By Jacob Wilson/Garden Grove Journal
In Westminster, change and stability go hand in hand.
The Westminster Police Department begins the new decade with a new police chief. But it’s a familiar face to the department and the city. Captain Mitch Waller takes over as chief of police for retiring Chief Andrew Hall this week.
Waller was officially sworn in on Jan. 4 and was publicly introduced as chief at the Jan. 11 City Council meeting.
For Waller, being the chief of police means being the face of the police department. And he wants his face to be familiar to Westminster residents. “My goal is to always put a face on the department,” he said. “I want people to say ‘I know Chief Waller.’”
Waller also believes that it is the chief’s role to be out in the community. Waller has already been practicing the role. He sits on several boards, such as the advisory board of the Coastline College Le Jao Center in Westminster.
One of the things that Chief Hall has instilled is that you truly have to understand your community,” Waller said. “I took that to heart over the years.”
According to Waller, knowing and being known by the community is important for building public trust, an essential component for a strong city.
“Fortunately we’ve shared that trust with our community,” Waller said. “They know their voices are going to be heard.”
Waller is a 26-year veteran of the department and has worked in a variety of roles including SWAT commander, patrol operations lieutenant and detective commander. He has been a captain since 2002 and served a stint as acting chief in 2005 when Hall filled in as interim city manager.
He’s mentored me throughout my career and I have always been a step behind him,” Waller said of Hall. “Whenever he’s promoted I seem to be promoted right behind him.”
Waller holds a J.D. from Chapman University and has been a member of the California State Bar since 1999. Hall is also a member of the Bar and a practicing attorney. Waller believes that continuing education is essential for police leaders and that advanced degrees are becoming more common among the higher ranks.
“We find that law training in general has really helped aid us in our current positions to have a better understanding and appreciation of the law,” Waller said. “It opens your eyes to the many different possibilities of how to approach different situations.”
Waller also trained at the FBI National Academy in Quantico, VA. Dating back to 1920, the FBI offers 10-week training courses to police managers from across the world.
“They take the best practices in law enforcement and train select law enforcement managers,” Waller said. “In my class there were 24 countries represented.”
“The training and interaction with people from different states and countries is phenomenal,” he added.
Waller also said that the training courses are great for networking and developing contacts in other cities and states.
Waller takes over in a time of economic downturn throughout the world. In California, property values are down and people are spending less, so Waller expects the city’s budget, including money for the department, to take a hit.
“Our income comes from property taxes and sales taxes so we’re forecasting decreases for the next few years,” Waller said. “We’ll be trying to maintain the same level of services that we provide with fewer resources.”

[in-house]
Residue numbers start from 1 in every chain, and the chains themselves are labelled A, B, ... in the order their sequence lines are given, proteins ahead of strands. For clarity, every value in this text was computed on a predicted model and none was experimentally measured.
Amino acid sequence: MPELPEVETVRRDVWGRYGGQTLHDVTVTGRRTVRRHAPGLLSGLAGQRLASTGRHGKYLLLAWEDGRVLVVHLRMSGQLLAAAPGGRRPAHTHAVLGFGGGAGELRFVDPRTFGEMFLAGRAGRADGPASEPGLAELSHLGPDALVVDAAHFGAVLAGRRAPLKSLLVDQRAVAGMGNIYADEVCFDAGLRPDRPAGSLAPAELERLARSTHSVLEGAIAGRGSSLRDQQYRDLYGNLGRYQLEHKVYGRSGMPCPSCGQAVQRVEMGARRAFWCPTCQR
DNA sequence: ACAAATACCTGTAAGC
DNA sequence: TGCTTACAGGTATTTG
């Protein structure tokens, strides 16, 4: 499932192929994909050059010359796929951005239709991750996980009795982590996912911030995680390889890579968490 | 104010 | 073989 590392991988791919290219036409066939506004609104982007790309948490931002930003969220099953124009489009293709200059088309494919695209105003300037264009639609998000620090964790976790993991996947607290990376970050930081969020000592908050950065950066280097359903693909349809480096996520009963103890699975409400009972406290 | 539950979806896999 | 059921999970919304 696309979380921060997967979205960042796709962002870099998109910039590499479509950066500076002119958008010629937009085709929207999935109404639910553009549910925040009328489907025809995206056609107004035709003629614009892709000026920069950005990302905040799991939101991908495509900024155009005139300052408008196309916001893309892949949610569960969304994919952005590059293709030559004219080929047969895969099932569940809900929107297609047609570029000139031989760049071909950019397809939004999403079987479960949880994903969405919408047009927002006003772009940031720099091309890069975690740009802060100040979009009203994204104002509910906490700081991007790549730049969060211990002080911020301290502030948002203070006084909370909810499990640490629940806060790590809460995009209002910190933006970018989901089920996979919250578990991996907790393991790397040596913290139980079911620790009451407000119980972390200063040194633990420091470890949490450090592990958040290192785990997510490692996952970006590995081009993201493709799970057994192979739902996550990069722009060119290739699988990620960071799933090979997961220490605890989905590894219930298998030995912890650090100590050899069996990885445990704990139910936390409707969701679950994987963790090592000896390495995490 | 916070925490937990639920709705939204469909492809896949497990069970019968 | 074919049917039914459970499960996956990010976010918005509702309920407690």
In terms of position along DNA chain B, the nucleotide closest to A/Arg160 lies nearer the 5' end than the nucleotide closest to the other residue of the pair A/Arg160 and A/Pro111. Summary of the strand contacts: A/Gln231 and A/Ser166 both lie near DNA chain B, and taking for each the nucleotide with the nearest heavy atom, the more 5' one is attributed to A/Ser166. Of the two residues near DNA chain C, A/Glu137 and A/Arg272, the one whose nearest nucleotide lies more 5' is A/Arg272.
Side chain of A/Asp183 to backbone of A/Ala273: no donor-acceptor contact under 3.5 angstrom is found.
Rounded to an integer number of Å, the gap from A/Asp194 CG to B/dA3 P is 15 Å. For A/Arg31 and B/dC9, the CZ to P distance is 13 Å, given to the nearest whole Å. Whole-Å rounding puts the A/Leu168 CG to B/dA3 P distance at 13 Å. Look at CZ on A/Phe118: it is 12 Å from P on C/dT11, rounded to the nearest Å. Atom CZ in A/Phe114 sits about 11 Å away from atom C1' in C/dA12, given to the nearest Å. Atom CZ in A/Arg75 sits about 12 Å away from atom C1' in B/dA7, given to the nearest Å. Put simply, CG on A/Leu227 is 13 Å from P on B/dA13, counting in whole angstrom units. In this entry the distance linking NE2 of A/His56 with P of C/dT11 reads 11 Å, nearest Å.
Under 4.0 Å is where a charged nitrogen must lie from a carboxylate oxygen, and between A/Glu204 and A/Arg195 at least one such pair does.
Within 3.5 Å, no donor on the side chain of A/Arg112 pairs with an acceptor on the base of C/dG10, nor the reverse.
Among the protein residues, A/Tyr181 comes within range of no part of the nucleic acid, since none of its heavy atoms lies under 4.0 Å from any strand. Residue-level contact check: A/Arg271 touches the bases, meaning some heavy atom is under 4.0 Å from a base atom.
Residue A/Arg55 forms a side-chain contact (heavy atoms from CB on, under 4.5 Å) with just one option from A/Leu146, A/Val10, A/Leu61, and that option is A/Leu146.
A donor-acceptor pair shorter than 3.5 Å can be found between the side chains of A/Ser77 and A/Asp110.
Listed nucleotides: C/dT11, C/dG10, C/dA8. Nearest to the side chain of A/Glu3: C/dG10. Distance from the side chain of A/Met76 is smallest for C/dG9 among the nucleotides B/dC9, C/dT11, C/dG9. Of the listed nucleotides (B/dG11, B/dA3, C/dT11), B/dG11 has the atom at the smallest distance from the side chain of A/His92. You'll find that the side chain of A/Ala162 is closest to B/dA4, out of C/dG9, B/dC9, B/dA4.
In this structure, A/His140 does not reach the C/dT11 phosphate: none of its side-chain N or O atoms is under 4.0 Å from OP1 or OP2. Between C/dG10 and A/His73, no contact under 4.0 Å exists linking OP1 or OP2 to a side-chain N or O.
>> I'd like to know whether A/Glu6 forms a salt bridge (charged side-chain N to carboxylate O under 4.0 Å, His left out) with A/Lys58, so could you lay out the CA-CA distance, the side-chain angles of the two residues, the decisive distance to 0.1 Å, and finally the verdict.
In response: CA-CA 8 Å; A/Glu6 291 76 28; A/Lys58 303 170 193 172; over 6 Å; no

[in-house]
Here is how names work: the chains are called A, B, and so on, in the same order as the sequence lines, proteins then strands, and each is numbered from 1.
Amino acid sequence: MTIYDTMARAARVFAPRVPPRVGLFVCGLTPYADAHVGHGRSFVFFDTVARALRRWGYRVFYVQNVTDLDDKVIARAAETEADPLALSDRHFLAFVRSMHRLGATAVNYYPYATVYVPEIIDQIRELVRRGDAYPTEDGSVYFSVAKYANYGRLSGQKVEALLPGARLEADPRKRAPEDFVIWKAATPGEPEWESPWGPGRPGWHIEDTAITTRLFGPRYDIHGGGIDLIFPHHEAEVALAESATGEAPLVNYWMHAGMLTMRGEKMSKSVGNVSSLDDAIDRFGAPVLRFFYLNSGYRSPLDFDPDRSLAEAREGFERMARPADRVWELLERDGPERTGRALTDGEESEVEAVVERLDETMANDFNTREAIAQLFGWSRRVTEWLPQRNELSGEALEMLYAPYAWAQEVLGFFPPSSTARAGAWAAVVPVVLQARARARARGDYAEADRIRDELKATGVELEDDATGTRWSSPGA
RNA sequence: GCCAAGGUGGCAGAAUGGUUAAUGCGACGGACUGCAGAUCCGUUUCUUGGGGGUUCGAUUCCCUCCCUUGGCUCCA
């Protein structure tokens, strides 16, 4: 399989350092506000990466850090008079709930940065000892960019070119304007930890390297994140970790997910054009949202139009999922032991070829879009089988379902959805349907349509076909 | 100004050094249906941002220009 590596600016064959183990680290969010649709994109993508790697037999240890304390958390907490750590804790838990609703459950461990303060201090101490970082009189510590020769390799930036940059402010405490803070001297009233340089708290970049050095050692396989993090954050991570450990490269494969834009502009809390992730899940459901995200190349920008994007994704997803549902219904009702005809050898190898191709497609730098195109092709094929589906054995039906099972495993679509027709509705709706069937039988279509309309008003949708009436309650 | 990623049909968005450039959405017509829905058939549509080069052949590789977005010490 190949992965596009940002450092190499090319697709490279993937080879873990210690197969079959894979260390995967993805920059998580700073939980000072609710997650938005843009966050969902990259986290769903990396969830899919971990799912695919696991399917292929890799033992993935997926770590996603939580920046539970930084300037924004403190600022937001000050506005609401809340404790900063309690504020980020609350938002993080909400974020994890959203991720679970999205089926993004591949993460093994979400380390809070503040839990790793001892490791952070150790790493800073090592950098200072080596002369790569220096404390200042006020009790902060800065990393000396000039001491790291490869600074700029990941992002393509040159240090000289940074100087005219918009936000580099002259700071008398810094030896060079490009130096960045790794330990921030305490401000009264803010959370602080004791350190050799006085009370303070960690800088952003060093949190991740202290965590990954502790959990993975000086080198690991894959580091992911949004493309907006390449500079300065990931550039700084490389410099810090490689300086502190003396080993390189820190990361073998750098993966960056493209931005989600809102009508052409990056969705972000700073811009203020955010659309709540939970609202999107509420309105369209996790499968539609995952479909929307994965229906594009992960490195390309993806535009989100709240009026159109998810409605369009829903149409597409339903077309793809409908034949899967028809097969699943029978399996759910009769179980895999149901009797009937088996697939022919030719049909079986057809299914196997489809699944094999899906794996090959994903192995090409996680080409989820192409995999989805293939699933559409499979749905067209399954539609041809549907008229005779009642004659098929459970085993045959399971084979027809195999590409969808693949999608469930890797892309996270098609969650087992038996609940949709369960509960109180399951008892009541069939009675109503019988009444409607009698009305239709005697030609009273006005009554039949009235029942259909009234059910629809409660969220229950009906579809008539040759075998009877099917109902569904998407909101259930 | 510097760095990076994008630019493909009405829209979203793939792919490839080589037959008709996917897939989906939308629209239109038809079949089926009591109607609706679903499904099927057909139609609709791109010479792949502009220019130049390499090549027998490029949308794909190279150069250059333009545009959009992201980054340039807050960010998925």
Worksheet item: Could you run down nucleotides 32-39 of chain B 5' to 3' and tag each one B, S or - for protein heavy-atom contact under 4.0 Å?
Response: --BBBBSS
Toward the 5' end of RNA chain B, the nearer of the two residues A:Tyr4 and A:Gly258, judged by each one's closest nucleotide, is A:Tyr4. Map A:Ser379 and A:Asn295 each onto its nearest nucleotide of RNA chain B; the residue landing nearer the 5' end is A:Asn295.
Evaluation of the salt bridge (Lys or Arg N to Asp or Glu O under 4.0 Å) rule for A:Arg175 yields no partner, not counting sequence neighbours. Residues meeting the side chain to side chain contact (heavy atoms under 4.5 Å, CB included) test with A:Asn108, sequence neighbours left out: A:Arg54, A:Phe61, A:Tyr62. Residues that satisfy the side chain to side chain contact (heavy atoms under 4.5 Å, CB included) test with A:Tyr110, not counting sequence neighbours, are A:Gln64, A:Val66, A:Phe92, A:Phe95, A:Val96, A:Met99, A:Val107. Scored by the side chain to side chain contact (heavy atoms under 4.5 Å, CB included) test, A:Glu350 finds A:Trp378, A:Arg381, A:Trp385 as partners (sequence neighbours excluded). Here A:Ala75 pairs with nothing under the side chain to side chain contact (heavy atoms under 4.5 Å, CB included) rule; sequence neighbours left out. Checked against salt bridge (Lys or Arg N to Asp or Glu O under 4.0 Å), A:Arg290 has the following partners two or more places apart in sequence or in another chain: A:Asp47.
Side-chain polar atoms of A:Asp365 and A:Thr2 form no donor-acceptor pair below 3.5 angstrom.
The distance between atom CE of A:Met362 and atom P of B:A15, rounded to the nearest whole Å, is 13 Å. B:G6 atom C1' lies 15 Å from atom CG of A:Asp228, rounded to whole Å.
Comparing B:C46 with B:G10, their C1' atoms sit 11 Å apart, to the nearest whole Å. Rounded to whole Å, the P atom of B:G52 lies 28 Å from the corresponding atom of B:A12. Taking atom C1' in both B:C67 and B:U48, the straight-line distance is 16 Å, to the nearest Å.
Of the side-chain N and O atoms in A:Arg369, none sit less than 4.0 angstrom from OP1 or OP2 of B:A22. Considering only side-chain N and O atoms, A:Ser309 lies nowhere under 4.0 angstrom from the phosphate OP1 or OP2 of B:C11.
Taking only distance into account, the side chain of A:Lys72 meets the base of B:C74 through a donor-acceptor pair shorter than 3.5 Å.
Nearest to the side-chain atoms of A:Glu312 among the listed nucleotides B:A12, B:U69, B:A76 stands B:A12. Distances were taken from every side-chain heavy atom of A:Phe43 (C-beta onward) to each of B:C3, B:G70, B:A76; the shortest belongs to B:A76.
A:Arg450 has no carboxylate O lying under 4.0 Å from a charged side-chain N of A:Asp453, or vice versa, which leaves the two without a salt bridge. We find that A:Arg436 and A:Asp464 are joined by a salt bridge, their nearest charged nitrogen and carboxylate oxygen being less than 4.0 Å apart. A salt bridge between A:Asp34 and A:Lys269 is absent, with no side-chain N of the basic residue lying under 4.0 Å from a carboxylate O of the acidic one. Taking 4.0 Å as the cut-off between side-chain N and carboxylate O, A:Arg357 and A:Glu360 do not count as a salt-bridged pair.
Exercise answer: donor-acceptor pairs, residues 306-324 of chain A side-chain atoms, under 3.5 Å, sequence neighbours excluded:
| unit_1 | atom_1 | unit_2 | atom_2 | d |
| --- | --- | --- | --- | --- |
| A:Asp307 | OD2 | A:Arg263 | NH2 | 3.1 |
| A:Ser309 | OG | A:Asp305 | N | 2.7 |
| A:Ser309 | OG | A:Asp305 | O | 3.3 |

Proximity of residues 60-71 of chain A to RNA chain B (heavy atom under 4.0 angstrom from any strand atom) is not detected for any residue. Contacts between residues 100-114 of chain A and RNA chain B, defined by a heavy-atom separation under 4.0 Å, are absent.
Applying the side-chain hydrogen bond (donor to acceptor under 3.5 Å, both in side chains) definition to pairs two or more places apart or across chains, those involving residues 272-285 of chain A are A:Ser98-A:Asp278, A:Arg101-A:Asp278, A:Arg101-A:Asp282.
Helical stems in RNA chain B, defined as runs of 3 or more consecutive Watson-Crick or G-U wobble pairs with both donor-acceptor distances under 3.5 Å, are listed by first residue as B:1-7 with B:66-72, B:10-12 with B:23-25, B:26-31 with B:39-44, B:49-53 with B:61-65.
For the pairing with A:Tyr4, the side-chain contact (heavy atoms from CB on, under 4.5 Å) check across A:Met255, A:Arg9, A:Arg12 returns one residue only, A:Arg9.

One resource that the department will have is a new state-of-the art police station. The new facility is currently under construction and is set to open in early 2011.
“We’re in a 40-year old building that’s rather small right now,” Waller said. “The new building should enhance our efficiencies and help maintain positive communication with the community so that we can continue to serve them in the capacity they would like to be served.”
Waller believes that it is the city’s diversity that makes the city unique and will keep it strong, culturally and economically.
“The increase in population in the Vietnamese community goes hand in hand with the growth of Little Saigon and we’re starting to see an increase in the socioeconomic level of the city,” he said.
With some of the highest commercial property values in the county, Little Saigon is more than just a cultural centerpiece for Westminster, but is also a major factor in the city’s economic growth.
For residents of neighboring cities, Westminster’s biggest draw is probably its famous mall. Shoppers come from all over Orange County and even beyond to shop at Westminster Mall. Waller also noted that mall shoppers are also staying around for the many new ethnic and fine dining restaurants that are popping up throughout the city.
“It [the mall] brings in people from out of the area and they branch out into other areas of the city,” Waller said. “One thing a city’s looking for is progression and new and unique ways for growth and development.”
Although chief of police is not exactly a “nine-to-five” job that you can leave at the office, Waller does his best to find time for himself and his family.
He is an avid cyclist, enjoying both mountain biking and road cycling.
But most of his free time is spent supporting his children in their activities. His daughter plays on a travel softball team and Waller puts in time as a coach. His son is a strong runner at school and Waller also attends as many of his meets as he can.
“Being a dad and a part-time coach takes up a lot of my time,” Waller said.
For 26 years, Waller has given his time to serving the residents of Westminster. Now it is his time to lead.